If you believe the so-called Doctor Copper theory, the diagnosis for stocks is not good.
Copper futures plunged to a 4½-year low Sunday evening, before staging a bit of a resurgence Monday. But with the industrial metal down 9 percent in the past three months, the "Doctor Copper" theory has become a warning, for some, about where stocks are going.
A time-honored concept in markets, the theory holds that copper is able to sense economic turning points early, and thus measure the health of a stock market rally. This is because copper is a near-omnipresent metal used in homes, in electronics and for many industrial purposes. The idea, then, is that if copper prices are falling, economic activity is slowing down, which is bad news for other financial assets.
"Because copper has so many industrial uses, it's probably a great indicator," said metals guru George Gero of RBC Capital Markets, so falling copper prices should indeed cause concern.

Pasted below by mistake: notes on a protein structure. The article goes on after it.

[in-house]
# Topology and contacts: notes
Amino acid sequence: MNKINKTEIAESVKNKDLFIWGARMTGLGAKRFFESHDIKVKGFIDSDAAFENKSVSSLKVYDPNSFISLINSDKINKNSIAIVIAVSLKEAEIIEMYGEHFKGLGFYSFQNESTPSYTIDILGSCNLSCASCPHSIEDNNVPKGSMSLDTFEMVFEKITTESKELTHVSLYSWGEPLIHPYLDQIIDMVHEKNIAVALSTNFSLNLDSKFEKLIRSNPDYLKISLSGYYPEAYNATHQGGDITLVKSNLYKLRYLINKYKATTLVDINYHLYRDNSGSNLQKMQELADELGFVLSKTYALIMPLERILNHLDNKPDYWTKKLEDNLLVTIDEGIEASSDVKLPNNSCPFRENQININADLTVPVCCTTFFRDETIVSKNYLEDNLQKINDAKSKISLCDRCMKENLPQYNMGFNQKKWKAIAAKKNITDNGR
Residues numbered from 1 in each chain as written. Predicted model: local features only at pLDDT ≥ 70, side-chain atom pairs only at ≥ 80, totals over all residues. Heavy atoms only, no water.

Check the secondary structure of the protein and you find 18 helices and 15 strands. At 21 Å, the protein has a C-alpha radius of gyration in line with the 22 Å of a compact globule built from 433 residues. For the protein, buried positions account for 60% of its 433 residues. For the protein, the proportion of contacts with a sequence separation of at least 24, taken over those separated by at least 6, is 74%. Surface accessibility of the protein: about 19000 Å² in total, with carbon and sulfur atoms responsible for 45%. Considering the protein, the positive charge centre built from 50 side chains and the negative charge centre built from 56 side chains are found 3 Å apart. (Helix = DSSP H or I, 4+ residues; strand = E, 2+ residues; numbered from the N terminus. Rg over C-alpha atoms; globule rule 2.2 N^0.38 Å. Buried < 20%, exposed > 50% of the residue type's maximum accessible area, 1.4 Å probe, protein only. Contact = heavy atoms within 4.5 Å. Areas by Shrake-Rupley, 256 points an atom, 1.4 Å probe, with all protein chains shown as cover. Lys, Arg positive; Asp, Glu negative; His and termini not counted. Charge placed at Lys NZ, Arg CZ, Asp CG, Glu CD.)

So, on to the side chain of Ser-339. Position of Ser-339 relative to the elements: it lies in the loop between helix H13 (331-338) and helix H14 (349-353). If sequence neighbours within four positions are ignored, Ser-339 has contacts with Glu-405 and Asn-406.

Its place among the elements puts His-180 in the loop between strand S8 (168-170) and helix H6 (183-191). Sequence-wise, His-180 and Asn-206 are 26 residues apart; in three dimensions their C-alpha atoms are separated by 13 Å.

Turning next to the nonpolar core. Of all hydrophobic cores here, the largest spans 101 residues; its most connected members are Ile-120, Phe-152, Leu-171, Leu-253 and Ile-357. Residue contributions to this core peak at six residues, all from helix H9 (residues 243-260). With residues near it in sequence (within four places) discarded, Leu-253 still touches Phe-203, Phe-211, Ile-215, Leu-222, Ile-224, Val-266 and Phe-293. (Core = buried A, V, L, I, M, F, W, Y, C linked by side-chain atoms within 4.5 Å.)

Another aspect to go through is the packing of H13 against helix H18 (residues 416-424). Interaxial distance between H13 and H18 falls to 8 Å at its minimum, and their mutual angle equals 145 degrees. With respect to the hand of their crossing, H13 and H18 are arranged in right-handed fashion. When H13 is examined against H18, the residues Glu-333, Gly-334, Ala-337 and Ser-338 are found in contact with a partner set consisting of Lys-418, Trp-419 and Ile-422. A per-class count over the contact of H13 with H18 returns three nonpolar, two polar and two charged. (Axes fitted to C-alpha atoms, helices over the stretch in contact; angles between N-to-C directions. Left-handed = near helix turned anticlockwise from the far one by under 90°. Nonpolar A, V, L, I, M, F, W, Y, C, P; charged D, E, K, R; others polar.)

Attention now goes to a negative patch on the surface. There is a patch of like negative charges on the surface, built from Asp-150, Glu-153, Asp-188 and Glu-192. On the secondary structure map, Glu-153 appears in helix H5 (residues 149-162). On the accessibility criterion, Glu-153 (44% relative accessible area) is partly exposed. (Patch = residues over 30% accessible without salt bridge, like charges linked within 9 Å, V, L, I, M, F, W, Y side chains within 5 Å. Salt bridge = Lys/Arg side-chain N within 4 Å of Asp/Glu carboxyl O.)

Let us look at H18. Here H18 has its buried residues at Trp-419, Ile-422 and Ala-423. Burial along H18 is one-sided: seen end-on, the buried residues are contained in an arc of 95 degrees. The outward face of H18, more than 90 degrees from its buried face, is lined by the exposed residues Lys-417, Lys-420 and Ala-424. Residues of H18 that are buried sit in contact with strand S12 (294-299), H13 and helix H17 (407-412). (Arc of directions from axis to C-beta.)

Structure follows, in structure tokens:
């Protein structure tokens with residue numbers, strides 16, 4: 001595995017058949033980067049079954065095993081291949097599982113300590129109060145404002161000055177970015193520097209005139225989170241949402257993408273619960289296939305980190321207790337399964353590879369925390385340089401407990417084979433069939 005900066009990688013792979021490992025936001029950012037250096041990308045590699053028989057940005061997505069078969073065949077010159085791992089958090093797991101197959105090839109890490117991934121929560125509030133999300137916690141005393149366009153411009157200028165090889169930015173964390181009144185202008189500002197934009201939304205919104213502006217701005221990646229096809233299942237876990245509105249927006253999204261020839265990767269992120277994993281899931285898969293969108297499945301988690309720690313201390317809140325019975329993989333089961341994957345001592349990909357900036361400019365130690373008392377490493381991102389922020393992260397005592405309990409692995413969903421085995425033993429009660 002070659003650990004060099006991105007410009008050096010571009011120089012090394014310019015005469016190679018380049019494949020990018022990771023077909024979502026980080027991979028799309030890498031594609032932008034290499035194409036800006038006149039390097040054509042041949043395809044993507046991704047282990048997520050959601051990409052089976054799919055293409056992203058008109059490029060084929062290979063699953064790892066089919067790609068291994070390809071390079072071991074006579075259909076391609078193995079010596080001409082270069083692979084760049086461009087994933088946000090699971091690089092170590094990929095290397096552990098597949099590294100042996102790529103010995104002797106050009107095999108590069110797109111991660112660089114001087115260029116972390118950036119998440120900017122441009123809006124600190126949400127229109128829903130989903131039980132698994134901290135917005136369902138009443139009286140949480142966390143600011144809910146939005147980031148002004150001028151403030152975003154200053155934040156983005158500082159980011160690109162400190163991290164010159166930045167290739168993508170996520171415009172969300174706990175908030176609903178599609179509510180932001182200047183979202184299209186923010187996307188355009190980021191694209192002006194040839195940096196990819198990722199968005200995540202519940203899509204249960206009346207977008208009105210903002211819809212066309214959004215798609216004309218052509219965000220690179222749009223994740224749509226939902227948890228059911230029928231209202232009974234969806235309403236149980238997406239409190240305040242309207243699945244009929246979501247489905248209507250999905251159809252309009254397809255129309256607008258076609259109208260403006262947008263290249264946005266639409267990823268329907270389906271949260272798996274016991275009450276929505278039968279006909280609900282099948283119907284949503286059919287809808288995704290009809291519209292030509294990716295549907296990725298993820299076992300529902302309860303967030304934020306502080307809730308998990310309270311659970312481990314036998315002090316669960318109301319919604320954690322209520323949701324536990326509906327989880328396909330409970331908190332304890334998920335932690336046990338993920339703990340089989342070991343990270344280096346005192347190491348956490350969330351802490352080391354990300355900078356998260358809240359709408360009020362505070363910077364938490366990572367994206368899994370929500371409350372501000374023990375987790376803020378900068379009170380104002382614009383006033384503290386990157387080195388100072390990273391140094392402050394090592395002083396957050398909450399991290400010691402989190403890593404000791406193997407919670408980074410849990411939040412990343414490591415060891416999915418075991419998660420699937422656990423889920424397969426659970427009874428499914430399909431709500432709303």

Still, Chris Kimble of Kimble Charting Solutions notes that copper has been falling for years, even as equities have skyrocketed.
"Over the past two or three years, if you followed copper, you would have missed the S&P rally," Kimble pointed out.
Kimble said that copper has thus far managed to hold an important support line that it tested in 2002 and 2009. If it breaks below monthly support, which currently lies at $2.75 per pound, he would become concerned about equities. By early afternoon Monday, March copper futures up 1.8 percent to $2.90.